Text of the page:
How to see whale sharks in Isla Holbox in an eco-friendly way
If that’s not enough to tempt you, perhaps a rather special annual gathering will? We’re talking about the incredible sight of hundreds of mighty, majestic whale sharks. The enigmatic gentle giants of the ocean gather off of Isla Holbox every year from June to September. The chance to see one of nature’s most amazing creatures is something that attracts visitors to Mexico year-round. Sadly, as a result of this interest, some unsustainable practices have sprung up to meet demand. Many companies offer the chance to swim with Whale Sharks, and as the waters around the mighty beasts become crowded with well-meaning admirers, the animals can become distressed.
Many companies have responded by limiting the number of tours they offer per day, cutting down to give the sharks some breathing space. If you want to get onto or into the water with whale sharks, look out for companies that are affiliated with wildlife or conservation organizations, such as the World Wildlife Fund. If you’re unsure, ask questions before you book. No reputable company with the animal’s best interests at heart will be offended by you asking questions before you decide to book.
Sustainable travel in Asia
Ecotourism in Thailand
Thailand is one of the most progressive countries when it comes to changing into an ecotourism destination. Following a widely publicized public interest in the impacts of animal captivity and tourism, Thailand has helped to lead the way in overhauling a once less-than-stellar reputation. At the forefront of this change were elephants.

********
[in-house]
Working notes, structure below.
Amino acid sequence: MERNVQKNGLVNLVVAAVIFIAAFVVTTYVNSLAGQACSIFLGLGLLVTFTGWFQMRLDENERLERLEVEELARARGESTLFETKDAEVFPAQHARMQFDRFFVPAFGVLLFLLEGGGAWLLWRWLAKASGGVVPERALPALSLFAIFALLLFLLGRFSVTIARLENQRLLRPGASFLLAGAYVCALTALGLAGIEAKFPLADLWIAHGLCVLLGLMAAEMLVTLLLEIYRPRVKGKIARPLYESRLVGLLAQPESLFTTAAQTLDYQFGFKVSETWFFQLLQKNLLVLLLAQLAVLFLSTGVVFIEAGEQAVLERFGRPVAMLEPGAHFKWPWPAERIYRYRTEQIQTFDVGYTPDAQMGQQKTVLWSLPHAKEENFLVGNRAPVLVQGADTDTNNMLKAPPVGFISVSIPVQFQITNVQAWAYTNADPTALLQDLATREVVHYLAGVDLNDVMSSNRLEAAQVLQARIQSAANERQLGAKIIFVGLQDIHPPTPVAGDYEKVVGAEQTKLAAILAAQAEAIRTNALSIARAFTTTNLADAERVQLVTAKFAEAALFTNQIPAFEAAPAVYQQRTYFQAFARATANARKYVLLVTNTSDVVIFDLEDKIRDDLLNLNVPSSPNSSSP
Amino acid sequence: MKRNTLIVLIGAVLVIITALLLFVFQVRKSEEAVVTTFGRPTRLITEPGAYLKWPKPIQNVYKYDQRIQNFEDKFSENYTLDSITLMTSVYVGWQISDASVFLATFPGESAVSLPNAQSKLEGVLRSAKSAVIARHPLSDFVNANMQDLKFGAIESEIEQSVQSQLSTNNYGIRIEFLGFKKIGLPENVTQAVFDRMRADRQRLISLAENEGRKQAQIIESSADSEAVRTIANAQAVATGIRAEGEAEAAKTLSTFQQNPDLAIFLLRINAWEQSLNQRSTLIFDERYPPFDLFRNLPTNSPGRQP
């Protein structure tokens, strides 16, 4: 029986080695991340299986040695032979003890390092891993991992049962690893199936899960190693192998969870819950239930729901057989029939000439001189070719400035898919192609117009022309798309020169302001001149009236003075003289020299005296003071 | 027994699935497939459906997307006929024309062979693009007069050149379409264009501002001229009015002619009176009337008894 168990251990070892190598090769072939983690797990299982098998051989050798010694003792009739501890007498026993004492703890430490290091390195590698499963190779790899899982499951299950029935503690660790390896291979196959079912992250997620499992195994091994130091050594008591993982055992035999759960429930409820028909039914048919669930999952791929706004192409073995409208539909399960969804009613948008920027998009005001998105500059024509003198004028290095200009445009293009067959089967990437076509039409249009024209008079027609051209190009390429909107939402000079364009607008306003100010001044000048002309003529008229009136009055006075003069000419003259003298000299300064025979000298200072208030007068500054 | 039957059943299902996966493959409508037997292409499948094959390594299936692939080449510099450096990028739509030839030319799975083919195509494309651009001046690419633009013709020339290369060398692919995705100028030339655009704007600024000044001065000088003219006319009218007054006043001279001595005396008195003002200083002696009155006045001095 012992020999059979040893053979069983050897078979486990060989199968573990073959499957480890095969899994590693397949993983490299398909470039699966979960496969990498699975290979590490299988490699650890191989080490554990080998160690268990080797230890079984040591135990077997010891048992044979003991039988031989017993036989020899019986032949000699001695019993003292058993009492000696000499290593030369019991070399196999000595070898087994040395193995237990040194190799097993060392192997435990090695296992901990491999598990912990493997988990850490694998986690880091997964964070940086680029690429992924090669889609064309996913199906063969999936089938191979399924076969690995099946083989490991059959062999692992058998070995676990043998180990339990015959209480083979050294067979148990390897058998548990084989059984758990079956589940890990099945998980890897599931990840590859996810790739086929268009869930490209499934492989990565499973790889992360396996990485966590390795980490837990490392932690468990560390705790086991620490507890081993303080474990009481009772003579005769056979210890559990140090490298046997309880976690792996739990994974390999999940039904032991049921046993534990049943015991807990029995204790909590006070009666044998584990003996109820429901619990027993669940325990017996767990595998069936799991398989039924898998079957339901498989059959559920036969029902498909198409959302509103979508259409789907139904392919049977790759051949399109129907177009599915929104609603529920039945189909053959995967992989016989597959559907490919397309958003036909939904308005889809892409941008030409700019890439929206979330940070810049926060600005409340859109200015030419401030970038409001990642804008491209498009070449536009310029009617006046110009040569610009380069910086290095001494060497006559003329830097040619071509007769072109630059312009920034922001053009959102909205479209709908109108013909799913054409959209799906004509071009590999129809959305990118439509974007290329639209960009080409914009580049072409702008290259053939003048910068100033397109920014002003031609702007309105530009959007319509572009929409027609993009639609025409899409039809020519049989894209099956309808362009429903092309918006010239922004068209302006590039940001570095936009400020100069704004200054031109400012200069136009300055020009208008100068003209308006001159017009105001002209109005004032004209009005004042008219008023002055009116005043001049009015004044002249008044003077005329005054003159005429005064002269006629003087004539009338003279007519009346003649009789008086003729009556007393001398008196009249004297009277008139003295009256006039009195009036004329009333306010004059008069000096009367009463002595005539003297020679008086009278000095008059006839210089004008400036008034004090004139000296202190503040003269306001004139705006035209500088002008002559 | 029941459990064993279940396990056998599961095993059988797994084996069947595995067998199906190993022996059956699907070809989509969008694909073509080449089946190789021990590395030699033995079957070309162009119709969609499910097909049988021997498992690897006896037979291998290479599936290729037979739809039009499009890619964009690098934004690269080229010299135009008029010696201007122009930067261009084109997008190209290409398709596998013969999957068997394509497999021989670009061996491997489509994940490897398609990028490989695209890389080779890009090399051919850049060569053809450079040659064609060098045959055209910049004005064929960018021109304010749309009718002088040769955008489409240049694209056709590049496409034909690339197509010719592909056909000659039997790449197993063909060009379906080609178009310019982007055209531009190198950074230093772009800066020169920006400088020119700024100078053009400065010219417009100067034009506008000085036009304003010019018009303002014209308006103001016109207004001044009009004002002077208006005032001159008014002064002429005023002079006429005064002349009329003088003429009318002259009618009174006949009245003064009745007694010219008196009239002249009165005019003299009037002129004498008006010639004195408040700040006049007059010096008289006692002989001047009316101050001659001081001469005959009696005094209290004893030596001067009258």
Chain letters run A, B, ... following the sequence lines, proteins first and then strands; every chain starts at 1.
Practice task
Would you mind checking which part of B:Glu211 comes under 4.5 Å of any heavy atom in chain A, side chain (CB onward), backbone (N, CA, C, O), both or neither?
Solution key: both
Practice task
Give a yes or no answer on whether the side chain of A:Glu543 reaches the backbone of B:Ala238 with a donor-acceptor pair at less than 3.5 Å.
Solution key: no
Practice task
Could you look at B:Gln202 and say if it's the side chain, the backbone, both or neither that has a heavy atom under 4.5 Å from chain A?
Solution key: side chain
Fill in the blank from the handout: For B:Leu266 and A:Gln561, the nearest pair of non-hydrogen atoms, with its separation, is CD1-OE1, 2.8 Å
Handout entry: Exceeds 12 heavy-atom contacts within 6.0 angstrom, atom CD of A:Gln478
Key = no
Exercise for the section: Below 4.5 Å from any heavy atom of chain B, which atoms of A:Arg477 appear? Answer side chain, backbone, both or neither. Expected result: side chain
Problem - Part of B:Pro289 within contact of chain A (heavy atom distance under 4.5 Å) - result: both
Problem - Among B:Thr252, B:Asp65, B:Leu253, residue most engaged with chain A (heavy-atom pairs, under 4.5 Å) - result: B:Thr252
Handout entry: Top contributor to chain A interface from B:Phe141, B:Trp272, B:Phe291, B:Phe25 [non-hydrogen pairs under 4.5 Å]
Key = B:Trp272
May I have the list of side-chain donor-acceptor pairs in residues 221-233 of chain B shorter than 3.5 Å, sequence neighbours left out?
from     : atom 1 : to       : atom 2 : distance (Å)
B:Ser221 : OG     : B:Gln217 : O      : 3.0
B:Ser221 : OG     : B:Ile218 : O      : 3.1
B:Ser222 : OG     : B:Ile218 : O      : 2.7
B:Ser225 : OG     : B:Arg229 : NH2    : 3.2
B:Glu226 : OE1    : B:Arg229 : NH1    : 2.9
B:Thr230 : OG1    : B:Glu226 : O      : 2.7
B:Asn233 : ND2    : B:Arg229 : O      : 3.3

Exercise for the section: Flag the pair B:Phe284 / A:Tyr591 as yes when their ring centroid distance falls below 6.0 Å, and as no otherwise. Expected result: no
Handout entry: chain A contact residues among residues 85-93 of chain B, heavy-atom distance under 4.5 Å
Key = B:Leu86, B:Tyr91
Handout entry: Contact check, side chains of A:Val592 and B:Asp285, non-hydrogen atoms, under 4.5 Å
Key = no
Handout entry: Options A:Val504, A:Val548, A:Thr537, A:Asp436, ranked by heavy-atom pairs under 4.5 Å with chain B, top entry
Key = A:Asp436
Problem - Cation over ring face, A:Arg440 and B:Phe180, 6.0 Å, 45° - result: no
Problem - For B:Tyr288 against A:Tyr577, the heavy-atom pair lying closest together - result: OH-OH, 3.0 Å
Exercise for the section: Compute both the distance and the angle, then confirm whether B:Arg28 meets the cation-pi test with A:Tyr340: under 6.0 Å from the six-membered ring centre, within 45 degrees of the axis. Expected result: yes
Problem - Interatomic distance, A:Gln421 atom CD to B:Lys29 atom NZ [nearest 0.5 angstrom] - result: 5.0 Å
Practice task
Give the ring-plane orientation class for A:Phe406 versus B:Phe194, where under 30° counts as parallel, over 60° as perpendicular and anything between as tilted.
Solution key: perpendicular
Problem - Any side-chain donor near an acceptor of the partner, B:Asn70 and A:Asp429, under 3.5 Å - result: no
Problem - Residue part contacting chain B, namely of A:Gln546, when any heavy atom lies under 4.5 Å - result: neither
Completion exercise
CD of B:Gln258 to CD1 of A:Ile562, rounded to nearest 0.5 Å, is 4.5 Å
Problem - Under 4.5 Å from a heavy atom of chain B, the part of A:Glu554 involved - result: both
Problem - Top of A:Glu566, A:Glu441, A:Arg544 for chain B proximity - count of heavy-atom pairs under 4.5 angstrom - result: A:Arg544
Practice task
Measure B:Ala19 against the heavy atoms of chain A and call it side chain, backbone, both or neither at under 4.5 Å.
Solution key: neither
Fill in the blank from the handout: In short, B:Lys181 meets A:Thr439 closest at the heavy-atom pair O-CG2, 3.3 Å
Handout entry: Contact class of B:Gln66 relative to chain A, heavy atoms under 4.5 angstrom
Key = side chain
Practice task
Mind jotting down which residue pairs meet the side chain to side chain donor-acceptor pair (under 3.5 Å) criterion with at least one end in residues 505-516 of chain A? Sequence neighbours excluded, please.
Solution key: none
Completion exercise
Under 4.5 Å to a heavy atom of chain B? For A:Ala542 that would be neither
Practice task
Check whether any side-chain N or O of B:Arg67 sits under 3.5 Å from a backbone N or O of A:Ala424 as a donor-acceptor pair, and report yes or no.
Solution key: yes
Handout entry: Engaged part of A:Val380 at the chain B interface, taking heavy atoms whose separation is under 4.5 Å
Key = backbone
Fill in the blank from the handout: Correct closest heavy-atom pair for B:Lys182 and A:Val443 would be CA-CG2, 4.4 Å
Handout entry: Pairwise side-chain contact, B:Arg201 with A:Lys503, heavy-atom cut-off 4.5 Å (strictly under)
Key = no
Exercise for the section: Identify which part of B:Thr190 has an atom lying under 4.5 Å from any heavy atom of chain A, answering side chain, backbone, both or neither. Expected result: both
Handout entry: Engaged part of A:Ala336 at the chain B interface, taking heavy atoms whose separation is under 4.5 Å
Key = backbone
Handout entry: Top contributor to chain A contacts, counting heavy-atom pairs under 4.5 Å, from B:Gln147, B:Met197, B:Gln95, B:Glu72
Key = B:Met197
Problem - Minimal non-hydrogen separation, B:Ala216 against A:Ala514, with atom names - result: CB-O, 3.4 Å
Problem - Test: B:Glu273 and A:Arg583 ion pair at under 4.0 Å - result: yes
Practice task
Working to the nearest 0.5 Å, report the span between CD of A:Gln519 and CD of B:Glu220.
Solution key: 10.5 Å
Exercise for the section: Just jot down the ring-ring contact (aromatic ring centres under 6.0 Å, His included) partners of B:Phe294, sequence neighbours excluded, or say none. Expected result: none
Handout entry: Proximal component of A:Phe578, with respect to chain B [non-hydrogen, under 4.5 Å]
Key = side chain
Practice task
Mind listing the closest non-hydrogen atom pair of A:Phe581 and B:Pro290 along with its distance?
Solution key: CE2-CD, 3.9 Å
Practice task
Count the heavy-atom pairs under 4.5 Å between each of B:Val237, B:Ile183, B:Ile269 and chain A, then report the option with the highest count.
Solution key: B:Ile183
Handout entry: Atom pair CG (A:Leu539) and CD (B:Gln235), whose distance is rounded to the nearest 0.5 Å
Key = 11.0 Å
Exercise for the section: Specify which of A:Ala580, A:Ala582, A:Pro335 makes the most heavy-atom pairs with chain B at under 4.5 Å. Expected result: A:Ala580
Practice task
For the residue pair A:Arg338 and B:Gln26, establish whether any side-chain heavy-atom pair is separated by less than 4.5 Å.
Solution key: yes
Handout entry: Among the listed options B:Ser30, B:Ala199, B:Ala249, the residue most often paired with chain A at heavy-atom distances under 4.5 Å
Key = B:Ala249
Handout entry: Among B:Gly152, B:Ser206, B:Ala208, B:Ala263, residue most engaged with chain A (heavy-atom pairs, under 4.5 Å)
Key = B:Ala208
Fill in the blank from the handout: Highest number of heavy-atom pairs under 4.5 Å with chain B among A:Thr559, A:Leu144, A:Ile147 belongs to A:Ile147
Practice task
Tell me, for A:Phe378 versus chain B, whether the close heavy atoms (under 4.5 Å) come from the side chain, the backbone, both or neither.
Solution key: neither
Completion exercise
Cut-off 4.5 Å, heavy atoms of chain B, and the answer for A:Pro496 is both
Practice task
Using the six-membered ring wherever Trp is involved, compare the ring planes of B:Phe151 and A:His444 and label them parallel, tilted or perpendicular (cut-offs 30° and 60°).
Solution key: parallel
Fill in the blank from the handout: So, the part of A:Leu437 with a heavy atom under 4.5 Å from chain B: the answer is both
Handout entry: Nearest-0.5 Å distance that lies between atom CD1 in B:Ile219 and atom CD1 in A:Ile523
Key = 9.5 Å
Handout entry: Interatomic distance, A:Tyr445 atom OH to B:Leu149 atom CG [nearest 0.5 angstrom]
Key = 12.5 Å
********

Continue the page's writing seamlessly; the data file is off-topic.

For many years, it was a right-of-passage for visitors to Thailand to climb aboard an elephant and take a ride. What most didn’t realize, was that this practice had an awful impact on the animals, as demand grew and more animals were taken into captivity to meet it. Prices were slashed to compete with a market overstuffed with elephant riding activities, and that price cut translated into poorer conditions for the elephants themselves. Following an unflattering international spotlight from conservation groups, Thailand has made a mammoth effort to overhaul this industry. Although some elephant ride experiences still persist, you’re now much more likely to see elephants looked after in sanctuaries, away from the stresses and strains of the performative tourist industry. You can visit conservation-minded elephant sanctuaries all over the country, in popular resorts such as Phuket and Koh Samui.
National Parks in Thailand
There is so much to do for nature lovers in Thailand to keep your eco-impact to a minimum. There are many national parks to explore, such as the magnificent Ang Thong Marine National Park, near Koh Samui. The park consists of 42 islands, limestone mountains, caves, and lagoons, and spreads over more than 100 sq km of land and sea. It’s a wonderful place to enjoy some fantastic outdoor activities in Thailand.
Visitors can enjoy activities such as snorkeling, scuba diving, rock climbing, and hiking. On the popular Andaman Coast, Phuket also has an oasis of beauty and calm amidst the touristy resorts and party beaches. The Khao Phra National Park is home to the only virgin rainforest in Phuket. It also has the island’s highest and most spectacular waterfall, Bang Phae. There are over 100 species of birds living in the park, as well as langurs, monkeys, and deer.
Ecotourism in Indonesia
Long associated with wellness and sustainability, Bali, Indonesia is the first destination on many minds when it comes to ecotourism.
Although the main tourist areas have become much more developed in the past decade, there are still pockets of untouched beauty on the island. West Bali National Park feels a world away from the hustle and bustle of the main tourist resorts. It is a fantastic place for mountain biking, trekking, bird watching, and also unforgettable forest safaris. The park contains many endangered and unique species of plants and animals, such as the rare Bali Starling.
Komodo Island, Indonesia
Elsewhere in Indonesia, one of the most exciting and famous nature destinations on Earth lies a short plane ride away from Bali. It is, of course, Komodo Island, home to the eponymous dragons, pink sand beaches, and some of the most unique ecosystems on the planet. Visits to the land of the dragons are closely monitored and guided by experts, who know exactly how to ensure that visits are sustainable, relaxing, and safe, for both the mighty lizards and the tourists.